Posts Tagged ‘Hungary’

Budapest: The Baths

Tuesday, March 18th, 2014

I.

I soak to the bone in water so hot that my toes turn purple. The bathtub, along with the rest of the hotel is new — or newly renovated, anyway — so it bleats bright under the bathroom’s covered LED lamps. Every day, they leave me a brand new roll of toilet paper, even though I’ve barely used the original. It’s totally confusing.

I think of boiling myself like a Massachusetts lobster, taking away the chill by any means necessary. I’m always too small for bathtubs, never long enough to rest my head, so I’m always either freezing or drowning. This one holds so much water that I float, almost.

II.

There is no 16 bus that goes to the top of the hill, so the options are to walk or to take the funicular. The funicular is expensive and stupid and in whipping wind and rain, the walk does not seem bearable. Or more, the walk seems like it would push me off the edge, me and my camera phone and my little shoes, which are soaked through, a bad choice.

I skip the recommended cafe. I skip the art museum. I move ahead in the guidebook to the church, which will offer shelter. The Catholic girl notes that a church would, of all places, be the much-needed shelter in an impromptu city storm. The result of an instantly answered prayer.

Please God, give me shelter. Boom, have an ornate Hungarian church on a hill.

I’m so cold that I cannot appreciate the church, its interiors painted in funhouse colors, a blue dome like the sky. On a sunnier day, maybe I could feel more. Could feel the centuries of faith and comforting routine seeping through the walls. Could feel my feet. Instead, I take a pew just to stop moving, to leaf through my guidebook and figure out what I’ve missed.

I wonder, for the thousandth time, why I came to Buda, land across the river, when Pest was treating me so well. To see. To leave no stone unturned. All the usual stupid travel things.

Standing on the corner by the car tunnel, waiting for a bus that I don’t initially realize is not coming, I chatter in the cold. I am on my second umbrella in two hours, the first one a cheap model that disintegrates in my hands, that turns into a flapping flag of fabric and a silver spider with eight broken legs. I’m furious and underdressed for my own life, which makes me even more furious.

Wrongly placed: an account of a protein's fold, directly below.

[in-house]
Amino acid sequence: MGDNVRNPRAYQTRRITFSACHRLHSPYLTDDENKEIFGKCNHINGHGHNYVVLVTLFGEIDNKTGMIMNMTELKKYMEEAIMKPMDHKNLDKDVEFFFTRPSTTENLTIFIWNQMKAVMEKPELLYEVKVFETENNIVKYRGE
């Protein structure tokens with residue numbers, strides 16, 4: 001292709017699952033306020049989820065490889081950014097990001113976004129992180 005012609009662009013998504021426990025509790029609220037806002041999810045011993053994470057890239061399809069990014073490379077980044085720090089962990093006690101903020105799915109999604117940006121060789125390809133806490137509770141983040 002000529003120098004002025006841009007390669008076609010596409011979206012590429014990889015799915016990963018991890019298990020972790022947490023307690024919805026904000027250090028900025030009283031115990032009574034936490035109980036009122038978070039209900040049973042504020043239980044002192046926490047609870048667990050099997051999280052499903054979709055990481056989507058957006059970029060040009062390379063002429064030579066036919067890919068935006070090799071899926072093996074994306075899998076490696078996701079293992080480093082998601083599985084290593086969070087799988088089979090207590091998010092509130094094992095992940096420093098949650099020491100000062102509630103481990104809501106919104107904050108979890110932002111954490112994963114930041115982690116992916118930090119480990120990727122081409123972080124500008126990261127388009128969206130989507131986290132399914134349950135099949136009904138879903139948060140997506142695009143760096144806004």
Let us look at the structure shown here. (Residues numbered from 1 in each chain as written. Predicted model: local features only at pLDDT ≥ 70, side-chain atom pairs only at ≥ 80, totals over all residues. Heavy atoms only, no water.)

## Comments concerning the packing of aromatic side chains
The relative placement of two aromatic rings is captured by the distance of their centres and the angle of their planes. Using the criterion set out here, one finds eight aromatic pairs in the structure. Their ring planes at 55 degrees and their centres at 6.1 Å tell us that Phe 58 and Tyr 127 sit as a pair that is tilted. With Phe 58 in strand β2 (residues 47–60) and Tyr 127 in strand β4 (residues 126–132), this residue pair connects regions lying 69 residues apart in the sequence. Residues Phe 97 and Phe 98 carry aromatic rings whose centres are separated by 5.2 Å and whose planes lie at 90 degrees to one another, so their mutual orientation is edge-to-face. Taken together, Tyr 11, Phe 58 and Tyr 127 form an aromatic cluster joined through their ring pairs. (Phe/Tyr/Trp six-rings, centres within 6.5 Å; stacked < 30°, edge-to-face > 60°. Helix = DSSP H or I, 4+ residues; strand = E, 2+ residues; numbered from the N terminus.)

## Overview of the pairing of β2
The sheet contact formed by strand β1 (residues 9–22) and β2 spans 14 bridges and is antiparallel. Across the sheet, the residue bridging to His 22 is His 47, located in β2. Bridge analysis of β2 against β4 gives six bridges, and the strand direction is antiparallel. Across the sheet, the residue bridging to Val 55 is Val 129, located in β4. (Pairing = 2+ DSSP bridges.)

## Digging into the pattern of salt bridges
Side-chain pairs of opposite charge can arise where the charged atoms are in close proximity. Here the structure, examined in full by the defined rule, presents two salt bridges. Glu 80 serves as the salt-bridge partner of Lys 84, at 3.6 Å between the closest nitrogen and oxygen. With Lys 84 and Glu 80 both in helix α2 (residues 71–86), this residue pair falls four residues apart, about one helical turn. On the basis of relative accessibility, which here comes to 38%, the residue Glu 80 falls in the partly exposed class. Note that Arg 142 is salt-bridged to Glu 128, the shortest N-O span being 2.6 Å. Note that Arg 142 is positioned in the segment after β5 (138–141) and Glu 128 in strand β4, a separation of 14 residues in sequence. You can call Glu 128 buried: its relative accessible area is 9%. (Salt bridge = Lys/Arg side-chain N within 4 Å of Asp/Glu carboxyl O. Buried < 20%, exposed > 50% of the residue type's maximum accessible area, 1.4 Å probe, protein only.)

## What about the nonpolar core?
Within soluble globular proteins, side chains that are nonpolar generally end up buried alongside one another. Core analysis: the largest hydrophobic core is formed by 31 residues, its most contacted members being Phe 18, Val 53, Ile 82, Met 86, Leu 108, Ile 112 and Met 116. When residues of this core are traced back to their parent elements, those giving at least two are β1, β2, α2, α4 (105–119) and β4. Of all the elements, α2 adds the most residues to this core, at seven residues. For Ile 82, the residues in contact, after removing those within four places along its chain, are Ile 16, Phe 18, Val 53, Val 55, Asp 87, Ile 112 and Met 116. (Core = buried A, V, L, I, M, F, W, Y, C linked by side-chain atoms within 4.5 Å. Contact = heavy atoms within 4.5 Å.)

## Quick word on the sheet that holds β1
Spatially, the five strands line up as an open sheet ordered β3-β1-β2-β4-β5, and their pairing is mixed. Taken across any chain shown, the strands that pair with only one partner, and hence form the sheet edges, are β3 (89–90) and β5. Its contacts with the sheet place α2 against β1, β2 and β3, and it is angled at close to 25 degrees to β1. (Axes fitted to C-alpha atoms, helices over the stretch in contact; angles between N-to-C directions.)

I stand under a leafless tree with a British couple who don’t know any more about the bus schedule than I do. When we finally get on a bus, it’s a bit of a crapshoot. We all sigh in relief when it rumbles, smooth on its wheels, across the bridge, toward home.

III.

The hotel is right at the end of the bridge. All I need is to get across the bridge.

By the time I reach the hotel, I cannot feel my fingers either. I wonder if I will freeze to death before I get to the door, while I am running around the long ring road that used to serve as its driveway. If I will be discovered sprawled out on a Budapest sidewalk in front, my snot frozen solid. It would be poetic. Almost literally dying in the gutter.

I make it to the curling wrought-iron gate and slip through, giving the doorman a smile so he thinks I’m staying. He humors me, tosses one back, even though he knows I’m not.

You can always tell a really nice hotel from the carpets, how your feet make no noise. The ones at the Four Seasons Gresham Palace render me silent — one of the few things to do so. I smile again at the woman at the front desk. She doesn’t buy it either.

In the bathroom I use the moisturizer — there’s moisturizer — and realize, when I look in the mirror, why the front desk lady is under no illusion that I’m staying. My hair is frizzed out straight like I have spent the afternoon testing the voracity of the city’s electrical sockets with my fingers. I tame it all down, pretend that I’m civilized, even with my pant legs soaked through, my ankles exposed like I have never seen a weather report before.